If long-form content is fueling your blog and website, micro content should be fueling your social media channels. Everyone’s touting the “long game” with content marketing since longer posts get more Google juice, or shares, or clicks.
But trust me, micro content still has its place. Why?
You have about 8 seconds to capture my attention. That’s about one second less than you get with a goldfish.
Scary thought, right?
This is where micro content still comes into play.
What Is Micro Content?
Micro content is exactly what it sounds like: short bursts of content, short-form content, memes, visuals, and the bite-sized content that’s best suited for social media.
This type of content should be considered as mobile trends increase, too.
Google just made an announcement about ranking websites based on their mobile responsiveness starting April 21st. And as more and more people access your website or social media content by phone, you’ll need more micro content to capture their attention.
Think about it: Would you rather read a short sentence or two on mobile, or a full on 1500-word post from your favorite author?
Examples of micro content:
- Videos (short, think Vine)
- Short text (able to be skimmed)
- Twitter Cards
Even if long-form content can keep traffic on your site for longer periods of time, you need some sort of micro content to quickly capture their attention and get them there.
How To Use Micro Content With Your Social Media Strategy
Use these 10 tips to drive traffic from your social media sites to your OWNED assets (ex: your blog or website):
1) Make it micro content that lasts: Use themes. For instance, on the B Squared Media Facebook Page, users know that every Monday we’re going to have a Monday Marketing Tip that has the same visual layout, but with a new tip:
2) Create a Pinterest-specific image for your blog post and pin it to a board that houses all of your blog articles on Pinterest. You can use the popular site, Canva to do this.
3) Similarly, use a plugin to make all images on your blog pin-worthy (we use J Query Pin It Button For Images plugin). Once installed, a ‘Pin It’ button appears on blog images when they’re hovered over with the mouse … see below:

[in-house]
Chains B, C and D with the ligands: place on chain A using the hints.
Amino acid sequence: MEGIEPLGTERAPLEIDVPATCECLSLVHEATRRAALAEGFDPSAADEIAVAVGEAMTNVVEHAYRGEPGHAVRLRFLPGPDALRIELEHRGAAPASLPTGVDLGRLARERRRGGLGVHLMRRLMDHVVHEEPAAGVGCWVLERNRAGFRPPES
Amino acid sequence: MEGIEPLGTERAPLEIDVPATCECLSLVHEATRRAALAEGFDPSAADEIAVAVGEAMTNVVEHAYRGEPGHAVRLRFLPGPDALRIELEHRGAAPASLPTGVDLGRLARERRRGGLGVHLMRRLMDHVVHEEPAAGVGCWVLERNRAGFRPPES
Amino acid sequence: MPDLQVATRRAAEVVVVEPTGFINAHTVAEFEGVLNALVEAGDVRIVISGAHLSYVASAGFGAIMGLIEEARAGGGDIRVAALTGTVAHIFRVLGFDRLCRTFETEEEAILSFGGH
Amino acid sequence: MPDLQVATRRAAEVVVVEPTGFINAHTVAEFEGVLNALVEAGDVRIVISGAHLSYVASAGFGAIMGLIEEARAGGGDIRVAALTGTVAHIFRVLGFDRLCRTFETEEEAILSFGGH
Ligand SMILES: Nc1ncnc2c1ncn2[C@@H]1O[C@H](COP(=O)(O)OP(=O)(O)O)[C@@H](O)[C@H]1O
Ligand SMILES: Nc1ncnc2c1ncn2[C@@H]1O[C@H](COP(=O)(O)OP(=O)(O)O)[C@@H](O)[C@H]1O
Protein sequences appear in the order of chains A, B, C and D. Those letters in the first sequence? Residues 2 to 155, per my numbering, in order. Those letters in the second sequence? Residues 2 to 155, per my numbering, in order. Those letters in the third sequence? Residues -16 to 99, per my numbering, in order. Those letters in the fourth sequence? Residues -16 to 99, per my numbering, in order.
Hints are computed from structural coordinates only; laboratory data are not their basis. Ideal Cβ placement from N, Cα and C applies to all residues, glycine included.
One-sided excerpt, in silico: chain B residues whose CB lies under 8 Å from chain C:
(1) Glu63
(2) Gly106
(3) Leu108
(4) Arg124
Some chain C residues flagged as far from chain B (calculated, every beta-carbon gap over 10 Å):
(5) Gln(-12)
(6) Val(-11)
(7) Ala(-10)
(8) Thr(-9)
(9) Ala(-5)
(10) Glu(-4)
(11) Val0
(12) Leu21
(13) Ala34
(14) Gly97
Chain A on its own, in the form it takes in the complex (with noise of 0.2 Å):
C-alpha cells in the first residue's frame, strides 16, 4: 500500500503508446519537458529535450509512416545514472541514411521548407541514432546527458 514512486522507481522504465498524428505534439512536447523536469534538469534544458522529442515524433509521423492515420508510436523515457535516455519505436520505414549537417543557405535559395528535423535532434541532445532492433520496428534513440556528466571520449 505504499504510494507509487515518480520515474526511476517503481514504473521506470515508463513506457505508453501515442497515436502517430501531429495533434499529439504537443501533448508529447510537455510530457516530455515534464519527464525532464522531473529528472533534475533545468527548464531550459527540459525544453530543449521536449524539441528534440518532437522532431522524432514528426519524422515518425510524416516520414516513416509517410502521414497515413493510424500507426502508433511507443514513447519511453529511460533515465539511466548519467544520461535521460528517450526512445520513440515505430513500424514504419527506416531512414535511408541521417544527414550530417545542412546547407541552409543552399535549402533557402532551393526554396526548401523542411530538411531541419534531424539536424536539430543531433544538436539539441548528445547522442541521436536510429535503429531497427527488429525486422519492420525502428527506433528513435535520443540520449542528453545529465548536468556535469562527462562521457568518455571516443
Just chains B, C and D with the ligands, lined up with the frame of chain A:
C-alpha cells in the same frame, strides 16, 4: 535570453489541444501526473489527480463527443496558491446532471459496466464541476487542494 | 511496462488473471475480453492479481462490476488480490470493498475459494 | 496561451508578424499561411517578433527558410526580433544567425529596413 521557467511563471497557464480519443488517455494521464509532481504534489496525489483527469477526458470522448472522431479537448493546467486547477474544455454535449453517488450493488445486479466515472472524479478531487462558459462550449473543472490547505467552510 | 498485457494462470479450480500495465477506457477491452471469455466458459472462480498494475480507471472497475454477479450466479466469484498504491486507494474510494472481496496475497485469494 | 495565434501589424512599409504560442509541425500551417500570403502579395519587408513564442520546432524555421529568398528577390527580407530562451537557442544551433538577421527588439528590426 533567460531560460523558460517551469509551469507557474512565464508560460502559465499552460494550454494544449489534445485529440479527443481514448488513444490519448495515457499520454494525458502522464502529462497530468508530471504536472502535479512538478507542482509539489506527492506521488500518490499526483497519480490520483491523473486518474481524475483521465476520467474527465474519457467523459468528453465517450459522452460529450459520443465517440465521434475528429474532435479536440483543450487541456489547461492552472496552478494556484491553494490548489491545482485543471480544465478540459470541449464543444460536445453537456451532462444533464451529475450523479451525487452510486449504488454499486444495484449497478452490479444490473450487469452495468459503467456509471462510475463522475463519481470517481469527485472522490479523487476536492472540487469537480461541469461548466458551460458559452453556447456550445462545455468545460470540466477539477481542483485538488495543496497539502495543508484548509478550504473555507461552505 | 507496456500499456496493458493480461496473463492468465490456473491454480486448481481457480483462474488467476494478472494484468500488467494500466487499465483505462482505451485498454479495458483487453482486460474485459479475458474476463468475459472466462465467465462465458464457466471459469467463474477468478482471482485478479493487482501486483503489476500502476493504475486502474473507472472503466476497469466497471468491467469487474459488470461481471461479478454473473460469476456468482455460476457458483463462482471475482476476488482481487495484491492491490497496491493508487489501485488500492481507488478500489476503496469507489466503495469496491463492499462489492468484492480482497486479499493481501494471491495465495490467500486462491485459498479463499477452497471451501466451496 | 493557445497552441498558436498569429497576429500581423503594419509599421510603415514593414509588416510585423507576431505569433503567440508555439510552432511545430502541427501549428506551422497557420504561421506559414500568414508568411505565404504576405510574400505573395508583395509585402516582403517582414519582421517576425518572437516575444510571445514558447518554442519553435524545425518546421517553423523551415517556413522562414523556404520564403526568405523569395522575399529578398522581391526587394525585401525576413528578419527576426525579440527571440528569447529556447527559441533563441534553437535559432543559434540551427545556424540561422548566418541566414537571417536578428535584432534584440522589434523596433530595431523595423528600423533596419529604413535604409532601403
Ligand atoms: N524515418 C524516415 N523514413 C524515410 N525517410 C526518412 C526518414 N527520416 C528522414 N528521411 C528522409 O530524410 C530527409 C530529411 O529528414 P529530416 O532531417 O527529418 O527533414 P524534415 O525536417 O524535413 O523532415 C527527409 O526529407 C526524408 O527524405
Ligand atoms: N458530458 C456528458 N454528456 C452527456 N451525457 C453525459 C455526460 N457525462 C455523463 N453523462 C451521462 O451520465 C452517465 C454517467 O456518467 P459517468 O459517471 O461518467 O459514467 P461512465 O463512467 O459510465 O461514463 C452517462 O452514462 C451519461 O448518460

4) Another plugin we like to use on our blog is Inline Tweet Sharer, which allows you to create memorable micro content – like a quote – for your readers to share on Twitter.
5) Create a meme for Instagram to show, not tell, your followers about your latest blog post (just don’t forget to change the link in your bio!).
6) Upload a quick video to Facebook telling Fans about your latest e-course or website offering. Stats are showing videos on Facebook are HUGE!
7) Use Buzzsumo to make your headlines sassy, noticeable, and clickable. Sometimes the headline is the only shot you’ve got!
8) If you distribute your blog posts through email marketing, make it easy on your readers and ask them to share the new post with a click of a button (link). We use Click to Tweet to accomplish this each week.
10) Incorporate SMS into your marketing strategy.
Even your long-form content (like this blog post) should use short-form tactics, like:
- Sub headers
- Bullet points
- Numbered lists, and
- On-point visuals
These help break up the text and make your posts more readable and ready to be scanned by readers instead of read in its entirety.
Bonus: Just because you’re using micro content with a small area of real estate does NOT mean you’ll want to forget your all-important call to action (CTA).
Every piece of content no matter how big or small needs to use your online media as way to drive suspects to prospects for your business. So make sure you ASK!
Long-Form Content Still Matters Most
You shouldn’t be investing all of your time in micro content!
We know that attention spans are short, and we know that short-form content is only meant to capture attention until the user hits one of our owned assets, like our website or blog.
I hate to see brands spending so much time on creating memes and then having no real place for inquisitive website visitors to find out more about what the company does, or how they’re innovating in their space.
Those memes, vine videos, and tweets should lead to something bigger – like an in-depth content hub where readers can turn into prospects, leads, and hopefully customers.
Micro-content just isn’t going to do that.
So use it wisely, create it quickly, and get it to do its job, which is to get interested parties interested in hearing more about YOU.
Did I leave out any micro content examples? Let us know in the comments section below!
See you in the social sphere!